Through their Sufi Comics imprint, brothers Mohammed Ali and Mohammed Arif Vakil hope to relive their madrassa years and redress “the bad rap that Islam has been receiving” post 9/11.

From King Lear’s Fool to Borat, the apparently dim-witted have been getting away with ridiculing prevalent social mores and those in power . The helpless fool knows no better. He is thus pitied and forgiven. “That, of course, is the great secret of the successful fool — that he is no fool at all,” Isaac Asimov had said about the Shakespearean fool.

Bahlool — the titular character of The Wise Fool Of Baghdad — continues the rich tradition of Birbal, Tenali Raman and Mullah Nasiruddin, witty jesters and social critics first introduced to many of us by Amar Chitra Katha and Tinkle comics. Bahlool was born Wahab ibn Amra, a judge who lived in the tyranny-filled time of Caliph Harun al-Rashid of Baghdad in the eighth century. He perceived that his life was under threat as he disagreed with the rulers; to distance himself, he chose to take on the persona of a madman, thus shielding himself from the Caliph’s wrath. Wahab ibn Amra became Bahlool Dana (“the wise fool”).

The witty heroics of Bahlool, traditionally narrated in madrassas to teach children valuable life lessons, have now been brought to life in comic format by the brothers Mohammed Ali and Mohammed Arif Vakil, real estate professionals and comic book aficionados. Both Arif and Ali are fans of the Amar Chitra Katha series, as well as other comics like Tintin. “We owe a lot to Uncle Pai,” says Arif. “We wanted to put this story across because that’s what we grew up with.”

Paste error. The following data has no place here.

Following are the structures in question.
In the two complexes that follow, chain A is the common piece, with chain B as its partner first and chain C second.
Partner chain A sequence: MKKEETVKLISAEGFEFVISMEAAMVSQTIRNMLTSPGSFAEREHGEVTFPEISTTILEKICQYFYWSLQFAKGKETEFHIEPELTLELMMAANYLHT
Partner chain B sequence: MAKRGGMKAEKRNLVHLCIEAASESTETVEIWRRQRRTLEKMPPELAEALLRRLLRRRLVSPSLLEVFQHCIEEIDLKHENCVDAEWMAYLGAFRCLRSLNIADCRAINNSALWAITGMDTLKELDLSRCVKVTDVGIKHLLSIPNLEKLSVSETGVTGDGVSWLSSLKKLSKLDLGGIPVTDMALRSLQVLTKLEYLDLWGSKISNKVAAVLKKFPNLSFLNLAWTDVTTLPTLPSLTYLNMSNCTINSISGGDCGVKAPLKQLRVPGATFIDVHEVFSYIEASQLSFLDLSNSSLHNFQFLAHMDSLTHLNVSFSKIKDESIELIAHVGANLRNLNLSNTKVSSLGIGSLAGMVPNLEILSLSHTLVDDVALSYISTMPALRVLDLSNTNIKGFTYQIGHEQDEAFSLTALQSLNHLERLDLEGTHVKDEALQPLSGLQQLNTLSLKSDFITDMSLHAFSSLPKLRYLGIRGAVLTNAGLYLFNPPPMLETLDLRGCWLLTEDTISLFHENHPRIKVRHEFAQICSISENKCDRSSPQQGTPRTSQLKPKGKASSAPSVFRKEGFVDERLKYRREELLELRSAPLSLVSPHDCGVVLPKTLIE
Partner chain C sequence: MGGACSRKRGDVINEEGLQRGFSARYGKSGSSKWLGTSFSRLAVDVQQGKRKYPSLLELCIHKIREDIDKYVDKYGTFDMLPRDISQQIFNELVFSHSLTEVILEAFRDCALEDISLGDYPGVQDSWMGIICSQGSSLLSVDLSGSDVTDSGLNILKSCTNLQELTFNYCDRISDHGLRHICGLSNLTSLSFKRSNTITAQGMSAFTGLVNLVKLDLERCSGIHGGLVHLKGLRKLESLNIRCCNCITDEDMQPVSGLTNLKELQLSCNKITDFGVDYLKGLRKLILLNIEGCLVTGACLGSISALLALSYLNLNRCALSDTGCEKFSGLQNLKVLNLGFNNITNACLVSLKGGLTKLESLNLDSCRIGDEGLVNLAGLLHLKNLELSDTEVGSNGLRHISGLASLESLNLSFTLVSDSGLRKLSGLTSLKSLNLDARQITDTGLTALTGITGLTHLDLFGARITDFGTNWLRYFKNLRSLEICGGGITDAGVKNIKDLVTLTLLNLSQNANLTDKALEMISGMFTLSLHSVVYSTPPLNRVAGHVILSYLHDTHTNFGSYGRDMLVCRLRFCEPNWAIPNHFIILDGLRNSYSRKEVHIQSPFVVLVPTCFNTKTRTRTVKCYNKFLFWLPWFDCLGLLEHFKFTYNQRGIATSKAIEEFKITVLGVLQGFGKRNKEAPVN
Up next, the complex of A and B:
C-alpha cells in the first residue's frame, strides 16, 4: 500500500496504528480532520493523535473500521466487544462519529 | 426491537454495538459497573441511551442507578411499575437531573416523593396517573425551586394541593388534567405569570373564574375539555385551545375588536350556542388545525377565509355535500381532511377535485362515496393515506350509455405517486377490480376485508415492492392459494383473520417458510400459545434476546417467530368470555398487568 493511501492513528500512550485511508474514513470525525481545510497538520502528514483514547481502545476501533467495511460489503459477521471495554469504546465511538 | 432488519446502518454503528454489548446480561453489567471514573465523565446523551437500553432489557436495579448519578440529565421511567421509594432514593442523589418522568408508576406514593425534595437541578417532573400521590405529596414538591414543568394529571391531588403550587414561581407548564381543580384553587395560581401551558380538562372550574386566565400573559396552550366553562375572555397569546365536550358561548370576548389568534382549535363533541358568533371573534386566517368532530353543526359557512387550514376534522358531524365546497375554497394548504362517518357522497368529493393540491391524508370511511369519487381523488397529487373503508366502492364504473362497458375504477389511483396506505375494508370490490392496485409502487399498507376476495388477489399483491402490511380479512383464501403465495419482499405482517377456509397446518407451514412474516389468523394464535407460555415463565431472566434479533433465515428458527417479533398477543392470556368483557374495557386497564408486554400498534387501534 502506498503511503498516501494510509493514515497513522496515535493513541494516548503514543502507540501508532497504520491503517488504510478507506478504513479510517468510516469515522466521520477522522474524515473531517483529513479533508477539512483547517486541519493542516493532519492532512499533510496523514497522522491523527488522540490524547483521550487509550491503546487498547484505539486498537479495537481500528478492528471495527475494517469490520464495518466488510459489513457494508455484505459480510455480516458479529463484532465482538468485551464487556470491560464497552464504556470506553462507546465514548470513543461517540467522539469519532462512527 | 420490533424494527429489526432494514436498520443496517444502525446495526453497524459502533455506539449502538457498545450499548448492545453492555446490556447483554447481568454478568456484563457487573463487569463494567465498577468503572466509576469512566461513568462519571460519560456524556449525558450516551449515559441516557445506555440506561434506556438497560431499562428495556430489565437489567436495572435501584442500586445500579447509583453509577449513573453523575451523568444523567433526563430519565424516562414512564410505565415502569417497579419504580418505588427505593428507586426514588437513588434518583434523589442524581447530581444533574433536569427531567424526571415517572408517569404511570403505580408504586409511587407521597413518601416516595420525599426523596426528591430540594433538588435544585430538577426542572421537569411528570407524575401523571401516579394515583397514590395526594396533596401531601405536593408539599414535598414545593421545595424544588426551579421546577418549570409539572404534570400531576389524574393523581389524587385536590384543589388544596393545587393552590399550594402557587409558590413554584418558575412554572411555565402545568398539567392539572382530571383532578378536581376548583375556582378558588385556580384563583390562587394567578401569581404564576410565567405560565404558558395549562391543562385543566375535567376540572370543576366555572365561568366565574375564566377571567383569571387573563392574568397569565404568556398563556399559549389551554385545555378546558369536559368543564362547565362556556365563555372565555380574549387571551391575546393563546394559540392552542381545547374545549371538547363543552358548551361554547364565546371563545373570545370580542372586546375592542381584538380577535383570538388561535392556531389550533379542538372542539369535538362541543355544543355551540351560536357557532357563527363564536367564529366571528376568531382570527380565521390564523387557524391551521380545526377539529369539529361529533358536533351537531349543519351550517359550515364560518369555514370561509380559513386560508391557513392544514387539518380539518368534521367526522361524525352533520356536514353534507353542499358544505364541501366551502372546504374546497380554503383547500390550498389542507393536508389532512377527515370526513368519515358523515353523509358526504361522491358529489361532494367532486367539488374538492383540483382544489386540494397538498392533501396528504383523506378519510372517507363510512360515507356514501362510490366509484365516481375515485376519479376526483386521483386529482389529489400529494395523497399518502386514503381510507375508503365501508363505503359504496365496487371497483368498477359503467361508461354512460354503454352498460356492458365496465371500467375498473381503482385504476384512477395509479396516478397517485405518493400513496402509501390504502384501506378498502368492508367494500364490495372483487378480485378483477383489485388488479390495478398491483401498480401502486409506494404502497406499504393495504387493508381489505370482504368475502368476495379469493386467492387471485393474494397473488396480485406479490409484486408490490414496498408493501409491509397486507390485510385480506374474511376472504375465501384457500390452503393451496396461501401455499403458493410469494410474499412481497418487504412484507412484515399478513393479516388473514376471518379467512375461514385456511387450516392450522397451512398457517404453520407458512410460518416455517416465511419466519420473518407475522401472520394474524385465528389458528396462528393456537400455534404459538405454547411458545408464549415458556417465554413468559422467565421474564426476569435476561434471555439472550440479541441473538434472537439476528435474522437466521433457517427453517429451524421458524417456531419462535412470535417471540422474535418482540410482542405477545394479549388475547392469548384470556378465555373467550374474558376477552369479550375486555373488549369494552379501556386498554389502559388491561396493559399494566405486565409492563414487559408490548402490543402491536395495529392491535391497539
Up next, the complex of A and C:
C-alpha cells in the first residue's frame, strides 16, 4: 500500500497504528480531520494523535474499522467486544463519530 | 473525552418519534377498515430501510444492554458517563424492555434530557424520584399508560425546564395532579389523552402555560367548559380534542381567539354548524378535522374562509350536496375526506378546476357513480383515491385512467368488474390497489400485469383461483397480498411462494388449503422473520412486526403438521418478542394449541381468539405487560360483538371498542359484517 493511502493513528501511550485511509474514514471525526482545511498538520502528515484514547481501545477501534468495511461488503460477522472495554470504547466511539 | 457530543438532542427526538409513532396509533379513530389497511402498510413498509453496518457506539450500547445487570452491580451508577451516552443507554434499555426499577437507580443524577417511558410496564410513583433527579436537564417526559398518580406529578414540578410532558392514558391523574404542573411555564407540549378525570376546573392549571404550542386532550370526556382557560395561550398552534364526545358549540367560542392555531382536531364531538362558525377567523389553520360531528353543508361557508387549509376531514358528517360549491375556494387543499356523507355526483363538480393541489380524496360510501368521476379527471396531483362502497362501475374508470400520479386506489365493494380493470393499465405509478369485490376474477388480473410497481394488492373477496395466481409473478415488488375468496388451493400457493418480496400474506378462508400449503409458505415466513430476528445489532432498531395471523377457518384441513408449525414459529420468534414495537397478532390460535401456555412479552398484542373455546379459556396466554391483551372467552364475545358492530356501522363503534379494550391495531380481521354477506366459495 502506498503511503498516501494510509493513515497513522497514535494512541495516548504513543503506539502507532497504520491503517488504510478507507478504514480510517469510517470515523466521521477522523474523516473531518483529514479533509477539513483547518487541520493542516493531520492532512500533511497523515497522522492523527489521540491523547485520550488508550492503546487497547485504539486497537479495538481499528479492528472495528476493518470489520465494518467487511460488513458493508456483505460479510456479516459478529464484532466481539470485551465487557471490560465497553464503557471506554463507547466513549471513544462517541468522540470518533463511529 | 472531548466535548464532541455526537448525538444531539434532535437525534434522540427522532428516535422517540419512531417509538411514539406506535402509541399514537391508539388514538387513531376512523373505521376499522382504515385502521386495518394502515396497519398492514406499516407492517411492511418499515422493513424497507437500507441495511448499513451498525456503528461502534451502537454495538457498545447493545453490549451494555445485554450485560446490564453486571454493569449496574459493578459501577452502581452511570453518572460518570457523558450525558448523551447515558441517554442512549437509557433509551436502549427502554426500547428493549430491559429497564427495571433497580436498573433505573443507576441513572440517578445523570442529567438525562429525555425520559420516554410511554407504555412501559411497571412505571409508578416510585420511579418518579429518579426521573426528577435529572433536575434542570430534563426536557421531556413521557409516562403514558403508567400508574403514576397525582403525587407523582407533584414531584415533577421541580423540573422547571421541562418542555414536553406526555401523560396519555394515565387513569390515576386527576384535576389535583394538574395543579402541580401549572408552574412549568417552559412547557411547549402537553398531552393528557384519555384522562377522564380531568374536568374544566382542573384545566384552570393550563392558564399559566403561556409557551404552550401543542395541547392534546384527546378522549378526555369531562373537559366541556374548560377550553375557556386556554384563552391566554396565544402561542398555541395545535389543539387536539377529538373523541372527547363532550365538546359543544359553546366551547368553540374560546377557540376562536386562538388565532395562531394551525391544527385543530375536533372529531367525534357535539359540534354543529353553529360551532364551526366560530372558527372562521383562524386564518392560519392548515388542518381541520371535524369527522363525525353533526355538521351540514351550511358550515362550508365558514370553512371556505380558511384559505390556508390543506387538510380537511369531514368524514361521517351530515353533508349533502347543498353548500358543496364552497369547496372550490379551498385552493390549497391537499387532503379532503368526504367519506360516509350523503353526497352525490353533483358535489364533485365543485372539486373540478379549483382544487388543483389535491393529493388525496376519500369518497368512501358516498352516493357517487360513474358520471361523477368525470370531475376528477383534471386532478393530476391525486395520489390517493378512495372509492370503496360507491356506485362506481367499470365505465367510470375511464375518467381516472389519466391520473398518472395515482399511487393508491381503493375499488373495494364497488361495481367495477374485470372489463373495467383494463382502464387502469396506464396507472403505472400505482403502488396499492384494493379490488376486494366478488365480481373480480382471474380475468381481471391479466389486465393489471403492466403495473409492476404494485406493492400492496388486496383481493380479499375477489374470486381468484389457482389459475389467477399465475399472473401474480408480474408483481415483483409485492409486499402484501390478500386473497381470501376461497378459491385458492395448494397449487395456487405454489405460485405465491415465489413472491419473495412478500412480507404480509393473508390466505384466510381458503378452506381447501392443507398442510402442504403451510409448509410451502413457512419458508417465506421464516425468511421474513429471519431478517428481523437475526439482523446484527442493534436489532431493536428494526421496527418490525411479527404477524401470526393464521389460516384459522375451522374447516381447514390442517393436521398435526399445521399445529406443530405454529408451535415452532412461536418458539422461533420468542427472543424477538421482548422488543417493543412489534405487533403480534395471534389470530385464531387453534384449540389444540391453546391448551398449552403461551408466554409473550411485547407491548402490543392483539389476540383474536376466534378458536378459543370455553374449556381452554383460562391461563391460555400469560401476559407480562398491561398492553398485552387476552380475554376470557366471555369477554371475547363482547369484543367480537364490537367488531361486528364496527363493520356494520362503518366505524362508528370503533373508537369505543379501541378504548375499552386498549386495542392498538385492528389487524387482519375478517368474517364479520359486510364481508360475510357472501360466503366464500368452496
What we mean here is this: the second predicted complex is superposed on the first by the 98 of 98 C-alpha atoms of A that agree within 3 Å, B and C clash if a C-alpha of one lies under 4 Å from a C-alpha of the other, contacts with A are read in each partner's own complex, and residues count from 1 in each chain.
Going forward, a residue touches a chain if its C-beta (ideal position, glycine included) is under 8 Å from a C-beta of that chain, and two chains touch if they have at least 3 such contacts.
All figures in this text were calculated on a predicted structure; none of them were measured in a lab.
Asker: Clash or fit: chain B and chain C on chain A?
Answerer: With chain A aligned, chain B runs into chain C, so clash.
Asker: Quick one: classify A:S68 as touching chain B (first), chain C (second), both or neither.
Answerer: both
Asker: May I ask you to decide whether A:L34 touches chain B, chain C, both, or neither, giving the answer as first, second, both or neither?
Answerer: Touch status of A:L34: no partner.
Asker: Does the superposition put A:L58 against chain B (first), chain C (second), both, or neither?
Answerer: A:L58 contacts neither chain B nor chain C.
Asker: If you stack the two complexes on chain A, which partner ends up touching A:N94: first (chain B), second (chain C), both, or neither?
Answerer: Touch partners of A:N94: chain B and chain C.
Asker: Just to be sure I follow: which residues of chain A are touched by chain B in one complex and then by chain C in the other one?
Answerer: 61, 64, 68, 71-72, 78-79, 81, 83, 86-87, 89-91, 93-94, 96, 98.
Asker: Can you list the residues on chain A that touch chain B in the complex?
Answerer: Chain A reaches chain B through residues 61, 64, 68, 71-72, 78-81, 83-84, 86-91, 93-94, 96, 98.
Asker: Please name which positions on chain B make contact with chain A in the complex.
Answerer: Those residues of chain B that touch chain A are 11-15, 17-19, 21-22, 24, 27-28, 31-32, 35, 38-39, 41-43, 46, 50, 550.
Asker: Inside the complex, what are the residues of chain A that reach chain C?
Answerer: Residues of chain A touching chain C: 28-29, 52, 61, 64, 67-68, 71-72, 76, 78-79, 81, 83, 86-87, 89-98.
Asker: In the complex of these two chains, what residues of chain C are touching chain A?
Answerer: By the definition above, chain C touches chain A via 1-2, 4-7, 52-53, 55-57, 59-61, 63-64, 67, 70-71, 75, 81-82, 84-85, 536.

The Wise Fool Of Baghdad is the second book from their ‘Sufi Comics’ imprint; the first, 40 Sufi Comics, is a collection of short didactic strips. The entire project began by chance: the brothers needed content for their blog. In 2009, Ali started putting up simple sketches. Buoyed by the positive response, they kept at it, amassing enough material to publish the first collection. With The Wise Fool Of Baghdad, Ali and Arif have chosen to stay with one character through the book, preferring storytelling over simple moral lessons.

At the core of the stories is a criticism of materialism and cruelty. For instance, in “Poor Caliph”, Bahlool wittily forces the ruler to confront the implications of his ruthless, wanton tax-seeking. Ideas of truth, love, justice and altruism also figure prominently: Bahlool often steps in to help an orphan or a poor man who is being exploited. In “Baghdad Legal”, Bahlool uses a clever little manoeuvre to teach a thieving official a lesson. And in “The Sound of Justice”, a mean bread vendor who wants to charge a poor man merely for sniffing his bread is fittingly paid with only the jingling of coins.

The Persian miniature style of painting — with richly detailed backgrounds and non-linear, fluid panels — adds to the reading experience. The inscriptions that follow each story — quoting from the Quran — are by Muqtar Ahmed, who used the traditional method of dipping a reed stick in ink. “The art had to be in tandem with the story. Islamic heritage is rich with art,” explains Ali, observing that a Marvel Comic or Japanese Manga style wouldn’t have been appropriate.